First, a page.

- Ge J, Erbel R, Rupprecht HJ, et al. Comparison of intravascular ultrasound and angiography in the assessment of myocardial bridging. Circulation 1994;89:1725–32.
- Erbel R, Rupprecht H-J, Ge J, Gerber T, Görge G, Meyer J. Coronary artery shape and flow changes induced by myocardial bridging: assessment by intravascular ultrasound. Echocardiography 1993;10:71–7.
- Thompson PD, Myerburg RJ, Levine BD, Udelson JE, Kovacs RJ. Eligibility and disqualification recommendations for competitive athletes with cardiovascular abnormalities: Task Force 8: coronary artery disease: a scientific statement from the American Heart Association and American College of Cardiology. J Am Coll Cardiol 2015;66:2406–11.
- Escaned J, Cortés J, Flores A, et al. Importance of diastolic fractional flow reserve and dobutamine challenge in physiologic assessment of myocardial bridging. J Am Coll Cardiol 2003;42:226–33.
- Hakeem A, Cilingiroglu M, Leesar MA. Hemodynamic and intravascular ultrasound assessment of myocardial bridging: fractional flow reserve paradox with dobutamine versus adenosine. Catheter Cardiovasc Interv 2010;75:229–36.
- Hongo Y, Tada H, Ito K, Yasumura Y, Miyatake K, Yamagishi M. Augmentation of vessel squeezing at coronary-myocardial bridge by nitroglycerin: study by quantitative coronary angiography and intravascular ultrasound. Am Heart J 1999;138:345–50.
- Schwarz ER, Klues HG, vom Dahl J, Klein I, Krebs W, Hanrath P. Functional, angiographic and intracoronary Doppler flow characteristics in symptomatic patients with myocardial bridging: effect of short-term intravenous beta-blocker medication. J Am Coll Cardiol 1996;27:1637–45.
- Stables RH, Knight CJ, McNeill JG, Sigwart U. Coronary stenting in the management of myocardial ischaemia caused by muscle bridging. Br Heart J 1995;74:90–2.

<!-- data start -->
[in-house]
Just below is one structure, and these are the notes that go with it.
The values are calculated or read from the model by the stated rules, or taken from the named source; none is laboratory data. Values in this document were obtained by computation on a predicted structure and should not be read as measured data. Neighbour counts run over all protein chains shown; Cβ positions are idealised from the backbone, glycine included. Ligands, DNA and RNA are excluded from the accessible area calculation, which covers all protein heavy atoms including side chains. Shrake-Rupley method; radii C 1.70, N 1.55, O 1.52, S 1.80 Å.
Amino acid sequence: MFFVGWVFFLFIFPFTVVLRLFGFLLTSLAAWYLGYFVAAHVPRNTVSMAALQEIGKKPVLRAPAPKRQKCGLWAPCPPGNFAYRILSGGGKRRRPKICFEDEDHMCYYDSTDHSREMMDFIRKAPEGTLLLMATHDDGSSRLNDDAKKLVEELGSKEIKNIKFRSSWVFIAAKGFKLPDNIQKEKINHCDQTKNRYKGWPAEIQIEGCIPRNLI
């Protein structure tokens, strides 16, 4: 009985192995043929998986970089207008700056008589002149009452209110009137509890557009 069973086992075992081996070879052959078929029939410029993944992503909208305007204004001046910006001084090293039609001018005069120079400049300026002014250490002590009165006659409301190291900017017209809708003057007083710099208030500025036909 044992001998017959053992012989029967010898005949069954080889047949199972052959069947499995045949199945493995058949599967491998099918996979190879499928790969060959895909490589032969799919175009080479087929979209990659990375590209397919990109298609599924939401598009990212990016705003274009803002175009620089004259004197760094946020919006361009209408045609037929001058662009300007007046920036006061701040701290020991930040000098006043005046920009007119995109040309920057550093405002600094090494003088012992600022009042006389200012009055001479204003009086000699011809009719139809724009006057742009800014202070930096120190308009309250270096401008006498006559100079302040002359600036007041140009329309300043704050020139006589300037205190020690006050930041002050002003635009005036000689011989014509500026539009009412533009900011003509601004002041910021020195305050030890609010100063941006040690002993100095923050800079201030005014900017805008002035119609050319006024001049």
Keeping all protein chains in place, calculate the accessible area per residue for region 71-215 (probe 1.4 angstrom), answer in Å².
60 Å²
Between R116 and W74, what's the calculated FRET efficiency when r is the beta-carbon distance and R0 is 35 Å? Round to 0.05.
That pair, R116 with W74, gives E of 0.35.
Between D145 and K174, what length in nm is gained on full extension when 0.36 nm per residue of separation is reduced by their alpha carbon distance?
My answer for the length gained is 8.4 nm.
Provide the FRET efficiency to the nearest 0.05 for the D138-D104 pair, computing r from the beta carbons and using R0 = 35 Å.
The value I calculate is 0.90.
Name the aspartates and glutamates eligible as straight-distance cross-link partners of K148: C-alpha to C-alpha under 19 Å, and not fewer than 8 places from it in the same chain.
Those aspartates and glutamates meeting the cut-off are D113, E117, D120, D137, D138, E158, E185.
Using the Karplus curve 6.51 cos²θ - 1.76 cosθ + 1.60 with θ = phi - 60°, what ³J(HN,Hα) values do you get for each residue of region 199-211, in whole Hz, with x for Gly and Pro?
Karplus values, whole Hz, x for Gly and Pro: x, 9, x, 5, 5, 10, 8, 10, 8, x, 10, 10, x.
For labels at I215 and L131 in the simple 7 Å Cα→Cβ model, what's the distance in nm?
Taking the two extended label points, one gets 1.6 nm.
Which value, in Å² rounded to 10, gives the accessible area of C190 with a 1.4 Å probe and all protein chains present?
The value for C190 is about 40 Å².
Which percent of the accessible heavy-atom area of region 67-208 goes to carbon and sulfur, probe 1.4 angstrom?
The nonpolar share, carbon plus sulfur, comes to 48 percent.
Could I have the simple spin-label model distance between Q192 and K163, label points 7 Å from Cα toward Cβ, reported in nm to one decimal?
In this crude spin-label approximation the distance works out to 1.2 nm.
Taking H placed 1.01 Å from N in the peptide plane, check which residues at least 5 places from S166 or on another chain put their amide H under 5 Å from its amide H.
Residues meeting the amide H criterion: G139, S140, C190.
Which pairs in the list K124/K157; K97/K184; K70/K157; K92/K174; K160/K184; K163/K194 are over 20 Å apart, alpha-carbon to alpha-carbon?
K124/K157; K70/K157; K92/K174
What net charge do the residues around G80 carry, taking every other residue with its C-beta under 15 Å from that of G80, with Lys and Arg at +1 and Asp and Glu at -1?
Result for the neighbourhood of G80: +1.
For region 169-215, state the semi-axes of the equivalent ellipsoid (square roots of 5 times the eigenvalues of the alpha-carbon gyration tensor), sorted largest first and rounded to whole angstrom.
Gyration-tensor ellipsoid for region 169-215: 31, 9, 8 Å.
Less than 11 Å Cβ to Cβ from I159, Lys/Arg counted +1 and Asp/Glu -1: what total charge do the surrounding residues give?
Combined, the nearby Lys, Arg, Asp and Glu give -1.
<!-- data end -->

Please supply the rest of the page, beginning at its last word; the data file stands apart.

- Gowd BMP, Thompson PD. Isolated myocardial bridging and exercise-related cardiac events. Int J Sports Med 2014;35:1145–50.
Clinical Topics: Acute Coronary Syndromes, Arrhythmias and Clinical EP, Heart Failure and Cardiomyopathies, Invasive Cardiovascular Angiography and Intervention, Noninvasive Imaging, Sports and Exercise Cardiology, Stable Ischemic Heart Disease, EP Basic Science, SCD/Ventricular Arrhythmias, Interventions and ACS, Interventions and Imaging, Interventions and Structural Heart Disease, Angiography, Nuclear Imaging, Sports and Exercise and Congenital Heart Disease and Pediatric Cardiology, Sports and Exercise and ECG and Stress Testing, Sports and Exercise and Imaging, Chronic Angina
Keywords: Sports, Myocardial Bridging, Dobutamine, Coronary Angiography, Ventricular Premature Complexes, Diastole, Systole, Coronary Vasospasm, Exercise Test, Plaque, Atherosclerotic, Autopsy, Stroke Volume, Prevalence, Workload, Activities of Daily Living, Acute Coronary Syndrome, Calcium Channel Blockers, Nitroglycerin, Nitrates, Coronary Angiography, Percutaneous Coronary Intervention, Hypertrophy, Left Ventricular, Constriction, Pathologic, Adenosine, Decision Making